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Deep Medical Insights of Russian Authors

Simone, Joseph V. MD

doi: 10.1097/01.COT.0000520174.18197.98
Opinion
Free

Like many of you, early in my career I began to face the difficult issues inherent in end-of-life care. I accumulated a library on the issue but saw few, if any, clarifying insights. Most of such literature consists of superficial banter or a misplaced spiritual focus. I learned to go to the Russian writers for in-depth, humane descriptions of suffering and death.

Alexander Solzhenitsyn's Cancer Ward is a masterpiece that provides insight into the fears, strengths, and weaknesses of people under enormous stress because of cancer. Fyodor Dostoyevsky is a master at describing how people like us deal with their sins and challenges, and especially the value of lives, particularly in The Brothers Karamazov.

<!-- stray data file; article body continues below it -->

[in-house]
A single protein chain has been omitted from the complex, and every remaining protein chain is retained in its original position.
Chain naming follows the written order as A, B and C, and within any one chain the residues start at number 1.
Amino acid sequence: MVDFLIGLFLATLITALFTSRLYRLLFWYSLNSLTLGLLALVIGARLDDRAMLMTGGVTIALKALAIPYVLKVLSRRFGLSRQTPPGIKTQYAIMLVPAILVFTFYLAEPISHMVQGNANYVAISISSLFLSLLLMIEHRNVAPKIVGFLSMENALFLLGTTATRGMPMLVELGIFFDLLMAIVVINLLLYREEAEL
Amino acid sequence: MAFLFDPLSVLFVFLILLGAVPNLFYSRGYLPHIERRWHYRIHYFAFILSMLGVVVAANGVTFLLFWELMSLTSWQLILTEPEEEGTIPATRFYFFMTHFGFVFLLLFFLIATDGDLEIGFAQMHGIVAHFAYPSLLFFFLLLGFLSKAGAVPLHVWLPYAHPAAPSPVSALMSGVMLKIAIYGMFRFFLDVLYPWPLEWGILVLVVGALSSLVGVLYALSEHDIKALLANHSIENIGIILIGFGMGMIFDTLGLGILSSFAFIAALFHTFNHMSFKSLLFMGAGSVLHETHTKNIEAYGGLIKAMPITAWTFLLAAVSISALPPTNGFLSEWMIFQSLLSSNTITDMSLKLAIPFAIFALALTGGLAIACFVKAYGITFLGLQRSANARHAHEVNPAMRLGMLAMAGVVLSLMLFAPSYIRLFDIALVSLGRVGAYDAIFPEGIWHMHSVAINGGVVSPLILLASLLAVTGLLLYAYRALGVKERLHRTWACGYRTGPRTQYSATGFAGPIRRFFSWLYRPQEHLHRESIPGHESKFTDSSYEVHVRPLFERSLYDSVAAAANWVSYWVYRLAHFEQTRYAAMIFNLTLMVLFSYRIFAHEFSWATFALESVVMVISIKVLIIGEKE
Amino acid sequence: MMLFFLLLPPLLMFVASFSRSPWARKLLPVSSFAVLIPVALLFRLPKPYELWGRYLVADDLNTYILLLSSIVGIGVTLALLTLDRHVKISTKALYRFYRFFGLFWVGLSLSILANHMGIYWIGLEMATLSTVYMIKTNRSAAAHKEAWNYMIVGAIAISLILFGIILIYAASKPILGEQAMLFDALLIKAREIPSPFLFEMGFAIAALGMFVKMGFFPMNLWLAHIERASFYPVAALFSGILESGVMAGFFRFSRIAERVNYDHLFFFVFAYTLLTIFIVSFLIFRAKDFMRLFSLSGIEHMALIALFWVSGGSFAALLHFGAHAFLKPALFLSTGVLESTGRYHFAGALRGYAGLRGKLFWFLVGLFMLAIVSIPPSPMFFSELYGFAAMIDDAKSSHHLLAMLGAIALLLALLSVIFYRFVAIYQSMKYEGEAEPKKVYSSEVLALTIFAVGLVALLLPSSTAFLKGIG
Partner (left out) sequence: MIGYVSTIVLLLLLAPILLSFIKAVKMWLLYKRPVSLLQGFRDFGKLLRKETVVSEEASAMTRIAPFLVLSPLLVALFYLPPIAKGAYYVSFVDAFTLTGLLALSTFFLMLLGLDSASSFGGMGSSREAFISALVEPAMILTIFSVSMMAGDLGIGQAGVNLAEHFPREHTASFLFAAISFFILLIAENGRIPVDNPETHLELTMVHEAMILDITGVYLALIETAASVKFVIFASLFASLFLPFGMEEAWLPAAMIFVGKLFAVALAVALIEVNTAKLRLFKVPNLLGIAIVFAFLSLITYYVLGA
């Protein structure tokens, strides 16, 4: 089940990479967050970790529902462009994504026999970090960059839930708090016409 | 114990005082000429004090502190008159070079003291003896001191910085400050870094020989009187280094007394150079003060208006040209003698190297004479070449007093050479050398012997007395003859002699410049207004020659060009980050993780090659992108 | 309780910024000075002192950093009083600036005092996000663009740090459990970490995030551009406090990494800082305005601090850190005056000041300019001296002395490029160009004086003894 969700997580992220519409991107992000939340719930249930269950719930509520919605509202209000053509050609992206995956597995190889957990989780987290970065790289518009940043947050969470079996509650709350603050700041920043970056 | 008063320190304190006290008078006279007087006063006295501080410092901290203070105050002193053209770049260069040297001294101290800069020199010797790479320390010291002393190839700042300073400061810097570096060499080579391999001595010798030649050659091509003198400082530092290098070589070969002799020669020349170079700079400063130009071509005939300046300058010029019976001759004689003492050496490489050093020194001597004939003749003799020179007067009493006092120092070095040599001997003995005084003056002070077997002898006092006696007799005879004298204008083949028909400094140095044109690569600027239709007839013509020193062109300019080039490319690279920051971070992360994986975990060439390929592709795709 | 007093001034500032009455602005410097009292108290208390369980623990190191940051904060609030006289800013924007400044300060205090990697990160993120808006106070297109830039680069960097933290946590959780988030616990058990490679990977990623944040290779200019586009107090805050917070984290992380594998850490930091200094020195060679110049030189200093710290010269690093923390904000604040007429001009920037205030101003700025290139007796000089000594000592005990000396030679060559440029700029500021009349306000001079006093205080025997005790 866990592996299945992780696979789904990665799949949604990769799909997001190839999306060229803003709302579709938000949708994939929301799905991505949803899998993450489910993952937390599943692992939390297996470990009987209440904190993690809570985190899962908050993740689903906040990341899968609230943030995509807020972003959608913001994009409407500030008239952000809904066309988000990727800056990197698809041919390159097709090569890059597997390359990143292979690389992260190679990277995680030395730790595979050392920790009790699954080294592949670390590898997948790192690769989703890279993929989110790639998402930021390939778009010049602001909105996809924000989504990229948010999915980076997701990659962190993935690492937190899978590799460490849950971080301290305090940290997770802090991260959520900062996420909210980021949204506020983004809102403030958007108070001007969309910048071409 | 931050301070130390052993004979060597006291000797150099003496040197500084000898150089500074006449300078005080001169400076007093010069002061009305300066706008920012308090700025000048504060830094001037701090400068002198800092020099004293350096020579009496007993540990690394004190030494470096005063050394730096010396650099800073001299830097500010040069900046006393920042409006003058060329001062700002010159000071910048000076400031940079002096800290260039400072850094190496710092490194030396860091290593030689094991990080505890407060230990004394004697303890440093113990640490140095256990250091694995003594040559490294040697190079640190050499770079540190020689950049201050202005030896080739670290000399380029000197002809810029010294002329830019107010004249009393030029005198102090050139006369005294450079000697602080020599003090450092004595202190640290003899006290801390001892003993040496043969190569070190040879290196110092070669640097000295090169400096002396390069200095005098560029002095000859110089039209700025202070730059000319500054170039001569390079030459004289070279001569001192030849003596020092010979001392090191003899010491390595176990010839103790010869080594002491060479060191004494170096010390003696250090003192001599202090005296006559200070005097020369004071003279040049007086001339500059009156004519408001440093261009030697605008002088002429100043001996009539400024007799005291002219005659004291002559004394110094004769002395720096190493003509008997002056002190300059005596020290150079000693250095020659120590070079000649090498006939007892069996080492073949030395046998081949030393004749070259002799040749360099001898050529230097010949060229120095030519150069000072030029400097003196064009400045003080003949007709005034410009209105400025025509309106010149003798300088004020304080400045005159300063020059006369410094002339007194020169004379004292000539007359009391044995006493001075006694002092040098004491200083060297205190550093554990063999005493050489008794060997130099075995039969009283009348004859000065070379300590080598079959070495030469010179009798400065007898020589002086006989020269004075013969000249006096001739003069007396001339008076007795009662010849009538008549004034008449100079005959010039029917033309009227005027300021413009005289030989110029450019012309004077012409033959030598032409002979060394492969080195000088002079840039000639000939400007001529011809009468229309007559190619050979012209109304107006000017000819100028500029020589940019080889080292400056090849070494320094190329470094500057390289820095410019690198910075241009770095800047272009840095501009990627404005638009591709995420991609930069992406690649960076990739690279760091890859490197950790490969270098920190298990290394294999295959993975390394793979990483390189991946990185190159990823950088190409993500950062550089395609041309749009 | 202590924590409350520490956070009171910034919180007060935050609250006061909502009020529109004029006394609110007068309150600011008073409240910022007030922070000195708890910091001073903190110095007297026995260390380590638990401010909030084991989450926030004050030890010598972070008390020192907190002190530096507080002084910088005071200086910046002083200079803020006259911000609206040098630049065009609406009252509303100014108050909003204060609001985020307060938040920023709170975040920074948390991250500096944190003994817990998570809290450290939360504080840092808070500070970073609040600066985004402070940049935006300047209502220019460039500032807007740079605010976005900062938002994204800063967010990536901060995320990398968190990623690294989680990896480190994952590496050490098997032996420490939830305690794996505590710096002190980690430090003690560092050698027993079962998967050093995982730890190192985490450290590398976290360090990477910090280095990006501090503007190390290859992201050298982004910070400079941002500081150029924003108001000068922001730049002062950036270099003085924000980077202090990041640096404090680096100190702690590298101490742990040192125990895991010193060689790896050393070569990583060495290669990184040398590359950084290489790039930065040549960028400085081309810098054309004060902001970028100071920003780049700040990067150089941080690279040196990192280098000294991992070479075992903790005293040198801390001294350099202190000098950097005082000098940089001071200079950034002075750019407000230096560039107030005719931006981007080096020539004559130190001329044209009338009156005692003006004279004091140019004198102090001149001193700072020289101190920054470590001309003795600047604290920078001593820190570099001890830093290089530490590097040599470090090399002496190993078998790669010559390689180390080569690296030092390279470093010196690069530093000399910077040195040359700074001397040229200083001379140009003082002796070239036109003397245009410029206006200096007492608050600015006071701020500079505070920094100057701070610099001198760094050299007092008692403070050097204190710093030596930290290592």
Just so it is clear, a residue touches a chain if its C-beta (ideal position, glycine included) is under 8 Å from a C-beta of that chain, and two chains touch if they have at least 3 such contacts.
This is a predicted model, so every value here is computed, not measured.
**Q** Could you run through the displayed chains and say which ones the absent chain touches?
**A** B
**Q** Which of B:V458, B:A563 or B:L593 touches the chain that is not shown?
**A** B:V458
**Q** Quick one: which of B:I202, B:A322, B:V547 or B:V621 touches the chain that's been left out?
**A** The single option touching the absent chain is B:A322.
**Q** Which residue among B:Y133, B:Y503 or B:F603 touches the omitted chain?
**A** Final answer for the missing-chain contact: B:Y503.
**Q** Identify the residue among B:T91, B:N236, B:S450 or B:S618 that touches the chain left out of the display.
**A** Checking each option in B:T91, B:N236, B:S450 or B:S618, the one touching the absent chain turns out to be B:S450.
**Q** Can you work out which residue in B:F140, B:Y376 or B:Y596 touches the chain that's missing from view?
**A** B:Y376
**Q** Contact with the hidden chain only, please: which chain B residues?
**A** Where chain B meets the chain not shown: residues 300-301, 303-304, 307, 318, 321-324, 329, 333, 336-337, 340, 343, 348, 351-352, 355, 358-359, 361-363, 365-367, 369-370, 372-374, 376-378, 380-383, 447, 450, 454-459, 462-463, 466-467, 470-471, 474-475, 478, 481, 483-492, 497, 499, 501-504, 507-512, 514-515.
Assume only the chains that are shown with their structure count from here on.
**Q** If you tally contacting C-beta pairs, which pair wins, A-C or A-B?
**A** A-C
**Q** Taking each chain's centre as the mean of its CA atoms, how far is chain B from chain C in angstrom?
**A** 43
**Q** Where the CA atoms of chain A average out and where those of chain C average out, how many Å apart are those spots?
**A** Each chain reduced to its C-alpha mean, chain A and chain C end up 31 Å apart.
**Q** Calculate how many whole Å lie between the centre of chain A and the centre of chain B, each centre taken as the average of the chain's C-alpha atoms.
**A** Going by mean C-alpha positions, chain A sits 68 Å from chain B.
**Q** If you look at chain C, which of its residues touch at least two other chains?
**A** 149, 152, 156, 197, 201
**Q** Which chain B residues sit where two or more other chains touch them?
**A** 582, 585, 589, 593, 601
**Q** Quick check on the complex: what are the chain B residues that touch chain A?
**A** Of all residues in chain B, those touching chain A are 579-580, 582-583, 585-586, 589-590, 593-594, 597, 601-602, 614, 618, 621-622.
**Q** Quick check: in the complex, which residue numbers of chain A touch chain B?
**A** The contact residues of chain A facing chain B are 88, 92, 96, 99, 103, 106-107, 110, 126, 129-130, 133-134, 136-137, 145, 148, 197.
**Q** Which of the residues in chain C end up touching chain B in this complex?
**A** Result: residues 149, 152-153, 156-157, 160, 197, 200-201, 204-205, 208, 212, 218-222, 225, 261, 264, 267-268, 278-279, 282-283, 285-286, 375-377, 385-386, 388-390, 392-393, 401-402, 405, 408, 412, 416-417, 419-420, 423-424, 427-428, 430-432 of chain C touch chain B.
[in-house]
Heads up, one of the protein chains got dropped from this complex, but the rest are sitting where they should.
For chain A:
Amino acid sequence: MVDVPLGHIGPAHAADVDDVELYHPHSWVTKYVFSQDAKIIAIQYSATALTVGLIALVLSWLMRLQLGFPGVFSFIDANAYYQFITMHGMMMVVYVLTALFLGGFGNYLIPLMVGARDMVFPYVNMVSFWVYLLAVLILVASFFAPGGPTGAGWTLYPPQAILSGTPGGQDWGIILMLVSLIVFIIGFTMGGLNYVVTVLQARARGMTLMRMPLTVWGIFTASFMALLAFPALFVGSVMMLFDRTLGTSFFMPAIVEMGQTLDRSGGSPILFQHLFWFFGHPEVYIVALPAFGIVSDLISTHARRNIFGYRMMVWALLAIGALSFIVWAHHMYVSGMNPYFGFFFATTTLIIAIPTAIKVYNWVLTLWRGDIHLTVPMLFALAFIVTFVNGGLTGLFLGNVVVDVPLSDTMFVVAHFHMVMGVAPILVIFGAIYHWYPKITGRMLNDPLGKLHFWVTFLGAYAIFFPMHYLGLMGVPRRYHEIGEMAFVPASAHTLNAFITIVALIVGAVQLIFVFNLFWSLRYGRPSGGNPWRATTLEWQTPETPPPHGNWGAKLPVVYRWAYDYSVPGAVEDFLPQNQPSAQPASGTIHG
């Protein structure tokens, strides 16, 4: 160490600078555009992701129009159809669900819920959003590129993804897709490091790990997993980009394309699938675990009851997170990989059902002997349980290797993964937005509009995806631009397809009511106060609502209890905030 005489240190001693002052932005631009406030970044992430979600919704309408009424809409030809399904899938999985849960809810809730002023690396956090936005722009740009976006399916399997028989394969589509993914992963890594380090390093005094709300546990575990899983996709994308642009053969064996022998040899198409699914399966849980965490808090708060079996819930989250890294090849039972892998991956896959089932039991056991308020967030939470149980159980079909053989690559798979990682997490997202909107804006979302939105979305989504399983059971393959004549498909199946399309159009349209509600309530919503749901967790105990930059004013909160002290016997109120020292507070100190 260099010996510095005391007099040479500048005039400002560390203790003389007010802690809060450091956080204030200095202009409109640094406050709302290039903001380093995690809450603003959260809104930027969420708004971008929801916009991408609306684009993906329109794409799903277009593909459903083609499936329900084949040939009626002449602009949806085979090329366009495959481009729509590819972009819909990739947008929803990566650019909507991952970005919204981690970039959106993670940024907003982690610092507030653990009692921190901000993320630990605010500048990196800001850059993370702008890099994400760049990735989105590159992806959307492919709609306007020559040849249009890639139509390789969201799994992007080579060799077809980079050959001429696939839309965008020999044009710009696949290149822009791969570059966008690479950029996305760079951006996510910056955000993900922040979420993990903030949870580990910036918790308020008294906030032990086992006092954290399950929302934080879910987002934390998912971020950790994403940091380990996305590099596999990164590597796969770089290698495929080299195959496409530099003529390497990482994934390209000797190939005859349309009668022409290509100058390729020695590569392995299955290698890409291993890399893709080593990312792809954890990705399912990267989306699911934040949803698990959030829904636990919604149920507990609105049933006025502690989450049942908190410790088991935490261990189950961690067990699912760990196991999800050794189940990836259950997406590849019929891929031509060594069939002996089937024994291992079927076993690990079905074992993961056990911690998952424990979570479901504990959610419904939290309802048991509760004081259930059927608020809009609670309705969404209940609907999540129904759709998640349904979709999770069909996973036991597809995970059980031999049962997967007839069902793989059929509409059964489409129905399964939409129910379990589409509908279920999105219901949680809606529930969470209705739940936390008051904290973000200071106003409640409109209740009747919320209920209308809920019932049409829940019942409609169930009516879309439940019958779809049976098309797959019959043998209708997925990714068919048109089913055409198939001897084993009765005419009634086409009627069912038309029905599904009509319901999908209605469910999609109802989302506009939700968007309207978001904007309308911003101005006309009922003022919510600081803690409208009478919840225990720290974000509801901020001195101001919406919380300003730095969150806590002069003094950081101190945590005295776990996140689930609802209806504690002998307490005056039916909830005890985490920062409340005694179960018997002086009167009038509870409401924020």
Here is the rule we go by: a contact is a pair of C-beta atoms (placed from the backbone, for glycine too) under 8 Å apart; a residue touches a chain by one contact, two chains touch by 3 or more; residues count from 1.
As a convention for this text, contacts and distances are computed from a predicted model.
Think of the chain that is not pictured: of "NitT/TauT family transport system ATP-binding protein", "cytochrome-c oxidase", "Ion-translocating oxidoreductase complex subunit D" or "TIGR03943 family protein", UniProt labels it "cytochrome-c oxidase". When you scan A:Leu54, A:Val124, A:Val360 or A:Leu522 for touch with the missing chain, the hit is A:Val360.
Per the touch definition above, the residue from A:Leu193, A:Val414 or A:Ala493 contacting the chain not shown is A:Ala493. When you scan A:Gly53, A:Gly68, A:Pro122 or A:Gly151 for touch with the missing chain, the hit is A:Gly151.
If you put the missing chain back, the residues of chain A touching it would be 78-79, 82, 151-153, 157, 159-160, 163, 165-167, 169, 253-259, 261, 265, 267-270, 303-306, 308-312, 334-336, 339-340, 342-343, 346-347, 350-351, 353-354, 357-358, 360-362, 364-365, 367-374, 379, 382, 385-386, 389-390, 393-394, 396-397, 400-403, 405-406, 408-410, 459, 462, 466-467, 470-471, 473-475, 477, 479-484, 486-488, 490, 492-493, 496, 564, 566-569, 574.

However, for the purpose of this column, the best source is the shortest—Leo Tolstoy's masterpiece, The Death of Ivan Ilyich, published in 1886. This novella in my little yellowed-page Bantam Classic pocket book edition (that I got for $1.35 in a used bookstore long ago) is only 99 pages long. It is a tour de force of artistic compression—the impact of a novel from what is essentially a long short story.